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When Anger Meets Love
When Anger Meets Love

A Surprising Command

Friday, March 1, 2024

Be angry but do not sin. —Ephesians 4:26

Theologian Allen Dwight Callahan writes about a compelling biblical verse:

There are two imperatives in the opening phrase of Ephesians 4:26—two. One is a prohibition against sinning. The other is an exhortation—an exhortation to anger.

That’s right: The Bible commands us to be angry.

“Be angry. That’s an order.”…

Now, you may object that we’ve already got more anger that we know what to do with right now, and, of course, you’d be right. There is indeed a surplus of anger out there. With increasing frequency and intensity, people are voicing their anger, venting their anger, even voting their anger.

But there’s anger, and there’s anger.

Yes, there’s the anger of being cut off in the turn lane, of having a wait time that exceeds four minutes, of being berated in the comments on your post by a misanthropic troll….

Then there is the anger that leaves us shaken and shaking because a sacred trust is being treacherously broken; because those who have done no harm are being gratuitously harmed; because those who have too little now have even less, and those who already have much too much now have even more; because egregious wrongs are being perpetrated, and the perps don’t even admit that the wrongs they’re perpetrating are wrong.

What has happened—is happening now, here, and everywhere—is not merely a sin and a shame. It is an outrage, and outrage calls for rage, rage that ought to come out. Anger in such instances is not merely permissible. It is obligatory, imperative.

Thus, the imperative: “Be angry.”

Faced with an outrage, anger is the price we pay for paying attention. It is the rage that ought to come out, because, when faced with an outrage, it is a sin not to be angry. [1]

Richard Rohr honors the wisdom contained in powerful emotions like grief and anger:

Great emotions are especially powerful teachers. I’m so aware of this in the experience of grief, after experiencing the deaths of my mother, a teenage niece, and my father. Even anger and rage are great teachers if we listen to them. They have so much power to reveal our deepest self to ourselves and to others, yet we tend to consider them negatively. Yes, they are dangerous, making us reactive and defensive, but they often totally rearrange how we know—or if we know—reality at all.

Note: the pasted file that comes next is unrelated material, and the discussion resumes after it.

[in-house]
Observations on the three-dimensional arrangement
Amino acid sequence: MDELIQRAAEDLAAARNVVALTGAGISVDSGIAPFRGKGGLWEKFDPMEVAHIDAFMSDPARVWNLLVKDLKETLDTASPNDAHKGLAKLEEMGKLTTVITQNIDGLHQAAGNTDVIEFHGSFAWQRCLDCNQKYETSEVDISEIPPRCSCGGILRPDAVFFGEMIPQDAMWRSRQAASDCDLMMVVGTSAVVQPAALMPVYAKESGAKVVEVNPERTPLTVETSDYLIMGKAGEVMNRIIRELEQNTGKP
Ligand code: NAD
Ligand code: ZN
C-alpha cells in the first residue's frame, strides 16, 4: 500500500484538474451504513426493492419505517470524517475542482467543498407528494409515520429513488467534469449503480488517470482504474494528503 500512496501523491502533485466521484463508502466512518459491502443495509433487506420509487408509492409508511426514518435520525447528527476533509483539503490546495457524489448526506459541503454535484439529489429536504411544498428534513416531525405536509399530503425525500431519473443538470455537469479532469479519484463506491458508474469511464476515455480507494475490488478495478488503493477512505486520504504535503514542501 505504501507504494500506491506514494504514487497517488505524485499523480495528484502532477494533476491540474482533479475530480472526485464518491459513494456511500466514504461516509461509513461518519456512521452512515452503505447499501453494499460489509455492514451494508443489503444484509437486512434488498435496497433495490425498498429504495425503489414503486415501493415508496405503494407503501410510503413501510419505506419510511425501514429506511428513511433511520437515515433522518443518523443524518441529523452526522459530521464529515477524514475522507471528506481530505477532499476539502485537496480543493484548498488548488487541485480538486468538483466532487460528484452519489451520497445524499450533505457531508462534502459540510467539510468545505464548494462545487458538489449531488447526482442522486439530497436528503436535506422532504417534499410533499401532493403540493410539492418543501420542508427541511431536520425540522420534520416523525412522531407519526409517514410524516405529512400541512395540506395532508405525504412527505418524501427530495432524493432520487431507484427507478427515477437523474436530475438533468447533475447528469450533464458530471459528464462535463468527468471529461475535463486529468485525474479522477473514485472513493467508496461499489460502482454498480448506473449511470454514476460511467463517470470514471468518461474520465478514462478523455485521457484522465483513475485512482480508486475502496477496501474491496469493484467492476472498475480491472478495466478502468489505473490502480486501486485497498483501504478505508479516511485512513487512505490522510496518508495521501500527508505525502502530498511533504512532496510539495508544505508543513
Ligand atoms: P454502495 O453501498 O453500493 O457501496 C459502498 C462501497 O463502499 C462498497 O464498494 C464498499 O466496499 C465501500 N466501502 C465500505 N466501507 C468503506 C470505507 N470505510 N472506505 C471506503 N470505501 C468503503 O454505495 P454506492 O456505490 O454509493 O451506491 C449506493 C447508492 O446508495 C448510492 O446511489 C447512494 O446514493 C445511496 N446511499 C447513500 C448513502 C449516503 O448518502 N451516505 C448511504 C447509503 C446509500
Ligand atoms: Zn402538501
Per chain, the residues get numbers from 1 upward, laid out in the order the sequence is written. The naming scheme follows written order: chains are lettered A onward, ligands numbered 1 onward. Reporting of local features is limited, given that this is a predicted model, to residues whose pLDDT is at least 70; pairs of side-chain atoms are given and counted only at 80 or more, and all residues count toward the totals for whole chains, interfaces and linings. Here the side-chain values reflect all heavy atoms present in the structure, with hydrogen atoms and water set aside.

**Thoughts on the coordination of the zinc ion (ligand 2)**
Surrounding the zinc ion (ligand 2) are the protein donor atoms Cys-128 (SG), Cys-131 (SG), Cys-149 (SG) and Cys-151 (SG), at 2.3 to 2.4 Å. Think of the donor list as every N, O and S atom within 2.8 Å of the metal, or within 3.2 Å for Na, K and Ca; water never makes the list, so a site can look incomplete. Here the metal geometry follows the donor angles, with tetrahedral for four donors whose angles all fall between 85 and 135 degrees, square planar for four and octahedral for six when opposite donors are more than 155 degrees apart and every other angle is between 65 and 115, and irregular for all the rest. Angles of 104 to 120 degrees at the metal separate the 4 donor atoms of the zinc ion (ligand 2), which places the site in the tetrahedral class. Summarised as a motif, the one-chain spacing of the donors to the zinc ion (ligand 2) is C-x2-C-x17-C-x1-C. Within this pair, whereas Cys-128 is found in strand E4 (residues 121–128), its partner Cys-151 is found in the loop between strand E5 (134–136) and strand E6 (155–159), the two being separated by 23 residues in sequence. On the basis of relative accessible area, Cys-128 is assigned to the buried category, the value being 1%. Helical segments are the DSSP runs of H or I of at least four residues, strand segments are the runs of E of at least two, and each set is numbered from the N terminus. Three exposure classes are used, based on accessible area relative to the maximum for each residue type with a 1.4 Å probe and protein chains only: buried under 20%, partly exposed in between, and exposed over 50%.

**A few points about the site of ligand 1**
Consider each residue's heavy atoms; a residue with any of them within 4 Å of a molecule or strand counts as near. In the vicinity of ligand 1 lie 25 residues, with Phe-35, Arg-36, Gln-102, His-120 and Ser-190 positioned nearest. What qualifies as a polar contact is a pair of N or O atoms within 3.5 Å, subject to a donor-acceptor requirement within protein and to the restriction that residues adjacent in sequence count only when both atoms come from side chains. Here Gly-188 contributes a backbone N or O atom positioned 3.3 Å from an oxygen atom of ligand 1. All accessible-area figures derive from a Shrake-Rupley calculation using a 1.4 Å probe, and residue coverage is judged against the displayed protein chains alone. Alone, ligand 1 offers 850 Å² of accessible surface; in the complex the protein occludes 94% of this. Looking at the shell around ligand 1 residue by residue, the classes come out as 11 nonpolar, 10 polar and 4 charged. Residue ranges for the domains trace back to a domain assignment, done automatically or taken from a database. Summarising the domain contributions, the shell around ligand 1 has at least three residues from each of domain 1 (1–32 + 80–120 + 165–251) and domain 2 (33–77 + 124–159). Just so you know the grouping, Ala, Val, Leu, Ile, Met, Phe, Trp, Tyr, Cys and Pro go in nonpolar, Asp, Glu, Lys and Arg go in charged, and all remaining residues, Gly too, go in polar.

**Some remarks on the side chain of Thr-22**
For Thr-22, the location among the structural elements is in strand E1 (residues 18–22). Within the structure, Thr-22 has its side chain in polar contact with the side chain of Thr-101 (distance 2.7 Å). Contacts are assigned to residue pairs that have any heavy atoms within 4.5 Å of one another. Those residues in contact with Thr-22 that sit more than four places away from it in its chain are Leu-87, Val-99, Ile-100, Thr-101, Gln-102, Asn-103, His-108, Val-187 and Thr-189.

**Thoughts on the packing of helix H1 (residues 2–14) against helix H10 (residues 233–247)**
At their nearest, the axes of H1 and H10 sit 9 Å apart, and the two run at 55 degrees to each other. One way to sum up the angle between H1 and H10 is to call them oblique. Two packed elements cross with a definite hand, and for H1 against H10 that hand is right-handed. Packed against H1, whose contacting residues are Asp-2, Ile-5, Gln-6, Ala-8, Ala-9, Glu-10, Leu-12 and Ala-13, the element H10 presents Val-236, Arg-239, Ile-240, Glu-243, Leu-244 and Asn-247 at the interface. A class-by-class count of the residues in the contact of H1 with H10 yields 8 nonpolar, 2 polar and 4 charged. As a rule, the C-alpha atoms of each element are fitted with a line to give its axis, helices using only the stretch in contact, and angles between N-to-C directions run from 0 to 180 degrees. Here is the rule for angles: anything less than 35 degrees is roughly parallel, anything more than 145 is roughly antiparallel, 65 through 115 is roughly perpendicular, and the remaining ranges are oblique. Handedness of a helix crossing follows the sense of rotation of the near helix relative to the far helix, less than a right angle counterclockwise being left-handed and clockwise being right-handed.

Believe it or not, such emotions are ways of knowing. They have the capacity to blind us, but also the power to open us up and bring us to profound conversion, humility, and honesty. People who are too nice and never suffer or reveal their own negative emotions, usually do not know very much about themselves—and so the rest of us do not take them too seriously. Consider if that is not true in your own circle of relationships. [2]


[1] Allen Dwight Callahan, “The Virtue of Anger,” Oneing 6, no. 1, Anger (Spring 2018): 29–30. Available in print and PDF download.

[2] Adapted from Richard Rohr, The Wisdom Pattern: Order, Disorder, Reorder (Cincinnati, OH: Franciscan Media, 2020), 124–125.

Image credit: Benjamin Yazza, Untitled (detail), New Mexico, 2023, photograph, used with permission. Click here to enlarge image.

Anger is a spark that motivates us forward. Love is a pathway that funnels our motivation in an impactful direction.

Story from Our Community:  

Recently at a retreat, I experienced the gift of truly seeing my “Wounded Self”…. Instead of reacting as I usually do—anger and disappointment—I felt the utmost compassion for him. He has been struggling through life the best he knows how. So many of his actions come from the wounding of childhood which he has been attempting to heal his whole life. Only now am I able to speak now from the “Unwounded Me”; the one who has never been—and never can be—wounded. In other words, my True Self, my Soul, that which comes into the world pure and remains so. This realization has changed everything for me. —Ed E.

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